5 Work at Home Jobs for Nurses

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If you’re a nurse, you aren’t obligated to work in a healthcare facility such as a hospital or doctor’s clinic. In fact, there are several different jobs where you can work entirely, or almost entirely, from home. These work at home jobs are ideal if you want to limit patient contact due to burnout or health reasons, or if you want to be a stay-at-home parent.

So, what kinds of work at home jobs are available for nurses?

Medical transcription

Thanks to most medical records being digitized and saved on servers, it’s fairly easy to find jobs in medical transcription that can be performed from home. As a nurse, you are also going to have an easier time understanding medical terminology and abbreviations and thus transcribing dictation into digital documents including diagnostic tests, specialist referrals, and pre- and post-operative reports.

Likewise, because you may already deal with a medical transcription service at work, it’s highly likely that the agency offers work-at-home medical transcription jobs. This beats having to search for these jobs online, which often entails wading through scam sites.

You will need to pick up some additional training before you can start applying for work-from-home jobs in medical transcription; most positions do ask for a degree as a registered medical transcriptionist (RMT) or a certified medical transcriptionist (CMT). These programs take from six months to a year to complete. Luckily, many of these programs are also online and allow you to both learn and test at home.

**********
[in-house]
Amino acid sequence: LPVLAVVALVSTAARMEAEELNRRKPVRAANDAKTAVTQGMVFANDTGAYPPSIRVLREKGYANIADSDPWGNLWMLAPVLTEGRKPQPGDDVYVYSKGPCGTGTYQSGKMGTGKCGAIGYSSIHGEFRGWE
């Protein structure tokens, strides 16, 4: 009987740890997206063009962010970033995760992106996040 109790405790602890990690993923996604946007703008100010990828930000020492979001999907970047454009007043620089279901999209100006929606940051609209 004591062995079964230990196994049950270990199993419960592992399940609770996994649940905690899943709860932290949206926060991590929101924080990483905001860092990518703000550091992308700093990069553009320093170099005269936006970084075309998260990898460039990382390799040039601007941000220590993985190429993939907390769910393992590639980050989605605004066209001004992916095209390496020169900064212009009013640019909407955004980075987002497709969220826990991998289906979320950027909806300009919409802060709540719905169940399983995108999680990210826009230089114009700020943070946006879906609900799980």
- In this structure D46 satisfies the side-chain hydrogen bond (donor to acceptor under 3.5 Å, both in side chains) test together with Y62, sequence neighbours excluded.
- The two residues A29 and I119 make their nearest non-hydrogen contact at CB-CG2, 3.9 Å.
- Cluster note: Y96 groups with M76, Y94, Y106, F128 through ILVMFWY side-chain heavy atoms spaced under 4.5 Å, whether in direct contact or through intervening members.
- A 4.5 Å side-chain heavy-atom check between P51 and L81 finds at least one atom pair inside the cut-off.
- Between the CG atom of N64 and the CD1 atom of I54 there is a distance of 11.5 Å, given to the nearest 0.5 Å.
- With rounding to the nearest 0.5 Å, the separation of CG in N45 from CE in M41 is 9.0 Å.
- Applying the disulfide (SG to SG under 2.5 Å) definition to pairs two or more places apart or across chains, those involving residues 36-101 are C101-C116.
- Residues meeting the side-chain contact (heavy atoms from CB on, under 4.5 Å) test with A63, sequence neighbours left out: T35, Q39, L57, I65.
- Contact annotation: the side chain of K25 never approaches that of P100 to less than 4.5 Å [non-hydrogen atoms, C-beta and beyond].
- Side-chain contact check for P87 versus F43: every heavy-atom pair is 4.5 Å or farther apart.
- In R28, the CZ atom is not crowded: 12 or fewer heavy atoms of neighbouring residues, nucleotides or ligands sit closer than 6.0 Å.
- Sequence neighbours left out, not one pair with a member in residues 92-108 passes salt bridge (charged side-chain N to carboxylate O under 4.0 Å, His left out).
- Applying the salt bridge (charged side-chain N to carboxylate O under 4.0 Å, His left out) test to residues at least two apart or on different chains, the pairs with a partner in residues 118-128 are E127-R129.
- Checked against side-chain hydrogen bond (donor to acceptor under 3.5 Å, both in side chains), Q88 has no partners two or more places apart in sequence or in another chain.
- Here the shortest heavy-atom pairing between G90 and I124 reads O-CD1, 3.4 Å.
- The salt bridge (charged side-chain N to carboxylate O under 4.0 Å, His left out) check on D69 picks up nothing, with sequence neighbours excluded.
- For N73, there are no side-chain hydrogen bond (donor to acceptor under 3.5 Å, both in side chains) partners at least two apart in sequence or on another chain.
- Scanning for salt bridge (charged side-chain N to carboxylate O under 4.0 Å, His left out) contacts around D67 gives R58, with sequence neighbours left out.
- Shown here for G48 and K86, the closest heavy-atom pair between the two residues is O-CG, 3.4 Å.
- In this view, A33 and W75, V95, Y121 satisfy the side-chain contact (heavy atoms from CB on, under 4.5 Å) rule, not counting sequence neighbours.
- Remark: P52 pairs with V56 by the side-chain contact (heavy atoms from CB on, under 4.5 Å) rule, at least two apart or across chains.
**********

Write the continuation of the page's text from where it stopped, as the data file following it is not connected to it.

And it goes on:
Once you become qualified to work in this field, you can easily earn $16/hour or better. Full-time medical transcriptionists who work as independent contractors average $20/hour.

Medical writing

Pharmaceutical companies, biotechs and major laboratories are often in need of medical writers who can wade through complex regulatory paperwork and create content that is consistent with what can and cannot be performed by that company or lab. Likewise, medical writers will often take clinical study results and translate them for FDA officials who are in charge of approving or disapproving a submitted drug or medical device.

Because nurses often work for years or decades in clinical settings, they are well-qualified to translate obscure medical documents for the general public or other officials involved in the drug testing and approval processes. In their roles as medical writers, nurses can work on or off-site; many are self-employed as independent contractors.

The starting pay for medical writers averages at $25/hour and quickly increases if they meet their yearly goals and/or take on additional duties such as copywriting.

Case management/telephone triage

Many medical offices, insurance companies, college/university and home health agencies, as well as urgent care and military facilities employ nurses who provide consultative and referral services, schedule appointments, and answer any health-related questions from patients who call or email the office. Thanks to the emergence of virtual private networks or VPNs, these jobs can now be performed from home.